THOUGHTS:  The first book in the duology, Scavenge the Stars, was loosely based upon the plot of The Count of Monte Cristo, and this sequel has just as many twists and turns that will keep readers intrigued until the very end! I’d recommend this book to readers who enjoy action, adventure, and plot twists.

Fantasy          Emily Hoffman, Conestoga Valley SD

YA – Chain of Iron

Clare, Cassandra. Chain of Iron. Margaret K. McElderry Books, 2021. 978-1-481-43190-3. $24.99. 688 p. Grades 9-12.

Chain of Iron, book two in The Last Hours series, continues the story of James Herondale and Cordelia Carstairs who find themselves engaged to one another to avoid ruining Cordelia’s reputation. However, James is still in love with the elusive Grace Blackthorn, much to Cordelia’s dismay. Meanwhile, James and his friends, The Merry Thieves, are trying to discover who is responsible for murdering Shadowhunters during the night while Lucie Herondale plans to raise Jesse Blackthorn from the dead, and Cordelia wonders why she can no longer hold her beloved sword, Cortana, without getting burned. Together these friends uncover dark secrets while they attempt to protect their fellow Shadowhunters from harm.

THOUGHTS: Cassandra Clare is a unique, fantasy author. She has never “left” the world of Shadowhunters that she first created with The Mortal Instruments, but instead continues the story both before and after the events of the original series. In my opinion, each series gets better and better and should be included in every young adult library collection. If you can get a student hooked on one series, they’ll want to read them all!

Fantasy          Emily Hoffman, Conestoga Valley SD

YA – These Violent Delights

Gong, Chloe. These Violent Delights. Margaret K. McElderry Books, 2020. 978-1-534-45769-0. $19.99. 464 p. Grades 9-12.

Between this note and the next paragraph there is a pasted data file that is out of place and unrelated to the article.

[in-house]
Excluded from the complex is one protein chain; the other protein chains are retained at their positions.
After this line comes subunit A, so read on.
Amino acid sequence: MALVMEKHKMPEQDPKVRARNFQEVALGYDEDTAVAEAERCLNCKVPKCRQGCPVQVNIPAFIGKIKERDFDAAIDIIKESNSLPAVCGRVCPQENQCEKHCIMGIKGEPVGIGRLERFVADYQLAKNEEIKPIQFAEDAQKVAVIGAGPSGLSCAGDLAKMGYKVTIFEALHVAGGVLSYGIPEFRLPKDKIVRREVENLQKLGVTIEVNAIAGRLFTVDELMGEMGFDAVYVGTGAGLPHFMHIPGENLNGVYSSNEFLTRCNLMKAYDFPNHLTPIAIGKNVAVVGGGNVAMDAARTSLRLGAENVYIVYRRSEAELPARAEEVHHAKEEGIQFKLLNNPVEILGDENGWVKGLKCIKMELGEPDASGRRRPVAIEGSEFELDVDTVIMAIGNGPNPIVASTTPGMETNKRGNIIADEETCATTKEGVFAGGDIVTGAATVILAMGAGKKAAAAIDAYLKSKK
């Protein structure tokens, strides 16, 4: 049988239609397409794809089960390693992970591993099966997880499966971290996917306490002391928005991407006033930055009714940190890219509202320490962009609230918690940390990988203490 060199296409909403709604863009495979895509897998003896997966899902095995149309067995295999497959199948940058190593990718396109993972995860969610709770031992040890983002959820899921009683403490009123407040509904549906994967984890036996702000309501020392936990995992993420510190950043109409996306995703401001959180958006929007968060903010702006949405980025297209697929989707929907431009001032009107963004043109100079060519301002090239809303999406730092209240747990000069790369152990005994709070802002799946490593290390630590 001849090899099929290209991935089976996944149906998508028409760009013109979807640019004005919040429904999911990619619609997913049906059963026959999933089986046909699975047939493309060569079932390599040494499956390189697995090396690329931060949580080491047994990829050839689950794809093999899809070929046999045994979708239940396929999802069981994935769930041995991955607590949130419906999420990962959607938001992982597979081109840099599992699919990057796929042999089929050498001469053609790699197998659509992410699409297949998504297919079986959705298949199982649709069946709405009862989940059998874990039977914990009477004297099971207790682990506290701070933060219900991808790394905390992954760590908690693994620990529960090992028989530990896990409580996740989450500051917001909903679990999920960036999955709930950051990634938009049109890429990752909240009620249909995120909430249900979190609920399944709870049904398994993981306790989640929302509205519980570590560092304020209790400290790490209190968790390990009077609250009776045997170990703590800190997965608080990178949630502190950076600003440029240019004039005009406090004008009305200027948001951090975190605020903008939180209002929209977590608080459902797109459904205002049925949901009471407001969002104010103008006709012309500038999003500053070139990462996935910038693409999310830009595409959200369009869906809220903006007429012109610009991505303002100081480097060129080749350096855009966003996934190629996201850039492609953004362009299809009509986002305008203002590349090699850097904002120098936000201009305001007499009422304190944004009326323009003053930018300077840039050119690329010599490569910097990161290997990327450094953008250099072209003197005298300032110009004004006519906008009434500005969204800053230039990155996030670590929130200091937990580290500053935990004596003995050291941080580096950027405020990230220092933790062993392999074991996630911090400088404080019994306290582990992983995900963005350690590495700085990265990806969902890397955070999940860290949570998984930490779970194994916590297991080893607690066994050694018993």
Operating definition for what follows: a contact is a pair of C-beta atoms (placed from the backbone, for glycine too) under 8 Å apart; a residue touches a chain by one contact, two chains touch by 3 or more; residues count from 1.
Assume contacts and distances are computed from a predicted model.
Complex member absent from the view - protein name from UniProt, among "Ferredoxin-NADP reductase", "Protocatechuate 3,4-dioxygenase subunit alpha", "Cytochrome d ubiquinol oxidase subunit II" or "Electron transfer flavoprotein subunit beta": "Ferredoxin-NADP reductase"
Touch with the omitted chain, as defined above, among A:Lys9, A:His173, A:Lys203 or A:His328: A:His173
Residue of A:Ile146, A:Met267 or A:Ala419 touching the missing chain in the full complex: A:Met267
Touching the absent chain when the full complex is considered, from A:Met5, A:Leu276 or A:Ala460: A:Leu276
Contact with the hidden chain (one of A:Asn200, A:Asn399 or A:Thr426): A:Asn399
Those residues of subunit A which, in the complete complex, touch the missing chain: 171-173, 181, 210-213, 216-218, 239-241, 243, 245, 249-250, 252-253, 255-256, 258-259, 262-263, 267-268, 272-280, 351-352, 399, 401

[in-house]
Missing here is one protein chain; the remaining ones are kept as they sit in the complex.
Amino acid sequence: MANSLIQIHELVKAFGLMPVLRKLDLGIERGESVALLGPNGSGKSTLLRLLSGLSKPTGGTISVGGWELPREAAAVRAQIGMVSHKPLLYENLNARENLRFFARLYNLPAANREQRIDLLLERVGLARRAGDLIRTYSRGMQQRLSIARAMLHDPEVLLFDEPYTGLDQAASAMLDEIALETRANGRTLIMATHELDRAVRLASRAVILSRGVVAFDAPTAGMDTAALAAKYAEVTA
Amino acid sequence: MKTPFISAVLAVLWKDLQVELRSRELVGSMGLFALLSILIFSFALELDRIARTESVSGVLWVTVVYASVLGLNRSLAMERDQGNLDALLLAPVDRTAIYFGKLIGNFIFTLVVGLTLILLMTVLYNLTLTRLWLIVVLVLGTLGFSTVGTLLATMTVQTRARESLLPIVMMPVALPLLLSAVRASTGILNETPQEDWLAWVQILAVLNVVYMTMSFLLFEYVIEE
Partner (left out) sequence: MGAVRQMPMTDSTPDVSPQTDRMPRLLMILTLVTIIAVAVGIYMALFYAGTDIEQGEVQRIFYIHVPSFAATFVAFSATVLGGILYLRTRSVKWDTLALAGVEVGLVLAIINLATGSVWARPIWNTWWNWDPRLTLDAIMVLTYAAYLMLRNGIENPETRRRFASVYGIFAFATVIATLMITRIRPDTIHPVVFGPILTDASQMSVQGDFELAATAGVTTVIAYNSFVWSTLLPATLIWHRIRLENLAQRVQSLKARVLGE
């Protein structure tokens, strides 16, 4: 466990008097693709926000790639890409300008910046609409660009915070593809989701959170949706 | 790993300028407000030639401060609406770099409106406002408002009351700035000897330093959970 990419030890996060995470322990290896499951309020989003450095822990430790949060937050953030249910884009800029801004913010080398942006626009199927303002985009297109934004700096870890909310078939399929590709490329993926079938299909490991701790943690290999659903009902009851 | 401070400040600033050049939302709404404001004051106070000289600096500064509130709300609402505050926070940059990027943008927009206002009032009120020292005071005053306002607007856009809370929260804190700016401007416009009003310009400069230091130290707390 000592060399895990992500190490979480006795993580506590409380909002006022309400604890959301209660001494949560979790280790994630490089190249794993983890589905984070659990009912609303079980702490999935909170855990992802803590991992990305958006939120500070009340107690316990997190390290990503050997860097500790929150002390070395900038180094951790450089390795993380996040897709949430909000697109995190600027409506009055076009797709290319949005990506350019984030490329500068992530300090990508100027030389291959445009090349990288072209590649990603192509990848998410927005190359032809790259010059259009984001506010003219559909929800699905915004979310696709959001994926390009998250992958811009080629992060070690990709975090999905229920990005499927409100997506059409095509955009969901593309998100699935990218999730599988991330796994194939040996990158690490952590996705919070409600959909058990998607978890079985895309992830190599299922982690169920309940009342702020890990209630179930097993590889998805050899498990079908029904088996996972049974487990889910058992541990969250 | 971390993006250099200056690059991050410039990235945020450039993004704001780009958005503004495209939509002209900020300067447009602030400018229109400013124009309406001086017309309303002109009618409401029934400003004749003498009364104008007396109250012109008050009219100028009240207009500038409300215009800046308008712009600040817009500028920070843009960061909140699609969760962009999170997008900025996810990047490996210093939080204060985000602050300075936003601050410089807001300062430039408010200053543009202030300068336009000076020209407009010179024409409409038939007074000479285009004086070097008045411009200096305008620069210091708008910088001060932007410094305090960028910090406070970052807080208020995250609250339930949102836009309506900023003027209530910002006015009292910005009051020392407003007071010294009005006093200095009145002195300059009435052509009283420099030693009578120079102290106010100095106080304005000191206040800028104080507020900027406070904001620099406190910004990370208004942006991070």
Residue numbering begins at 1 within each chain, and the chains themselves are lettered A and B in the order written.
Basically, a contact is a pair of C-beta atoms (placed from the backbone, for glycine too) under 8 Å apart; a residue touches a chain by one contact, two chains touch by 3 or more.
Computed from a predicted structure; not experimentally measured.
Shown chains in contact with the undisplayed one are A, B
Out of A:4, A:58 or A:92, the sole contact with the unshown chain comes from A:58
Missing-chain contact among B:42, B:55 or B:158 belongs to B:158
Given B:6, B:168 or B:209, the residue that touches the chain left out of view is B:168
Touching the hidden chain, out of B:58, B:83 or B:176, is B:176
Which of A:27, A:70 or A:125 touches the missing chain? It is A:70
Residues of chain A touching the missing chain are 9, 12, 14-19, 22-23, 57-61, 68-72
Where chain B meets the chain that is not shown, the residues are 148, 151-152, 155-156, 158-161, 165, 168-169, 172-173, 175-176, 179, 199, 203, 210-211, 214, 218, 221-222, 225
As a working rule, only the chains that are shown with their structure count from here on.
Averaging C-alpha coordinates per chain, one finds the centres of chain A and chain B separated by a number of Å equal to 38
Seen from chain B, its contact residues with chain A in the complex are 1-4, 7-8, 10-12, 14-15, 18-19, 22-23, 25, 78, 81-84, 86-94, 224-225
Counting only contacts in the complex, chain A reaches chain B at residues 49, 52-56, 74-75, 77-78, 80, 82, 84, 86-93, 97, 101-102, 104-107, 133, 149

“These violent delights have violent ends.” It’s 1926, and the city of Shanghai is ruled by two gangs: The White Flowers and The Scarlet Gang. Juliette Cai has just returned to the city after spending four years in America, and she’s ready to forget her past and take on the role of heir to the Scarlets. When she is approached by Roma Montagov, the White Flower heir, he insists they work together to stop a madness plaguing their city and taking the lives of members of both gangs. She reluctantly agrees, although she was betrayed by Roma in the past. Together, as they prepare to hunt down a monster, they can’t ignore the passion that still exists between them, but if their alliance is discovered by either gang, the madness will be the least of their worries, and the blood feud between the two could turn deadly.

THOUGHTS: This novel brings some exciting new aspects to William Shakespeare’s tragedy Romeo and Juliet: 1920s flappers, the setting of Shanghai, monsters, and madness! The Scarlet Gang members are Chinese, The White Flowers are Russian, but the French and English are powerful presences in Shanghai as well, and this brings some diversity to the characters. You’ll be rooting for Roma and Juliette as they discover the secret behind the madness, and against all odds, find their way back to each other. This is perfect for readers who like action and historical fiction, as well as a bit of romance, and the ending will have them impatiently waiting for book two!

Fantasy          Emily Hoffman, Conestoga Valley SD

Juliette Cai seems to have it all as the eighteen-year-old heir to Shanghai’s revered Scarlet Gang. Juliette’s only problem seems to be her love/hate relationship with Roma Montagov, the heir of the rival gang the White Flowers. The Scarlet Gang and the White Flowers’ criminal networks operate above the law and are continually fighting, often killing each other on the spot when they accidentally cross into the other’s territory. However, a mysterious plague descends upon Shanghai, causing people from both sides to become mad and claw out their own throats. People begin whispering of a monster with glittering eyes, often seen in the water and controlling lice-like insects that burrow into people’s brains. In this retelling of Romeo and Juliet, both Juliette and Roma must put their feelings aside and work together to find the origin of this madness and stop it before Shanghai is destroyed.

THOUGHTS: With her beautiful descriptive language, author Chole Gong puts a riveting twist on a classic story in her debut novel, which promises to delight fans of the fantasy genre. Fans of fantasy sequels and trilogies will also appreciate that this story will continue in a yet-to-be-published sequel.

Fantasy          Danielle Corrao, Manheim Central SD

YA – The Court of Miracles

Grant, Kester. The Court of Miracles. Random House Children’s Books, 2020. 978-1-524-77285-7. $18.99. 399 p. Grades 9-12.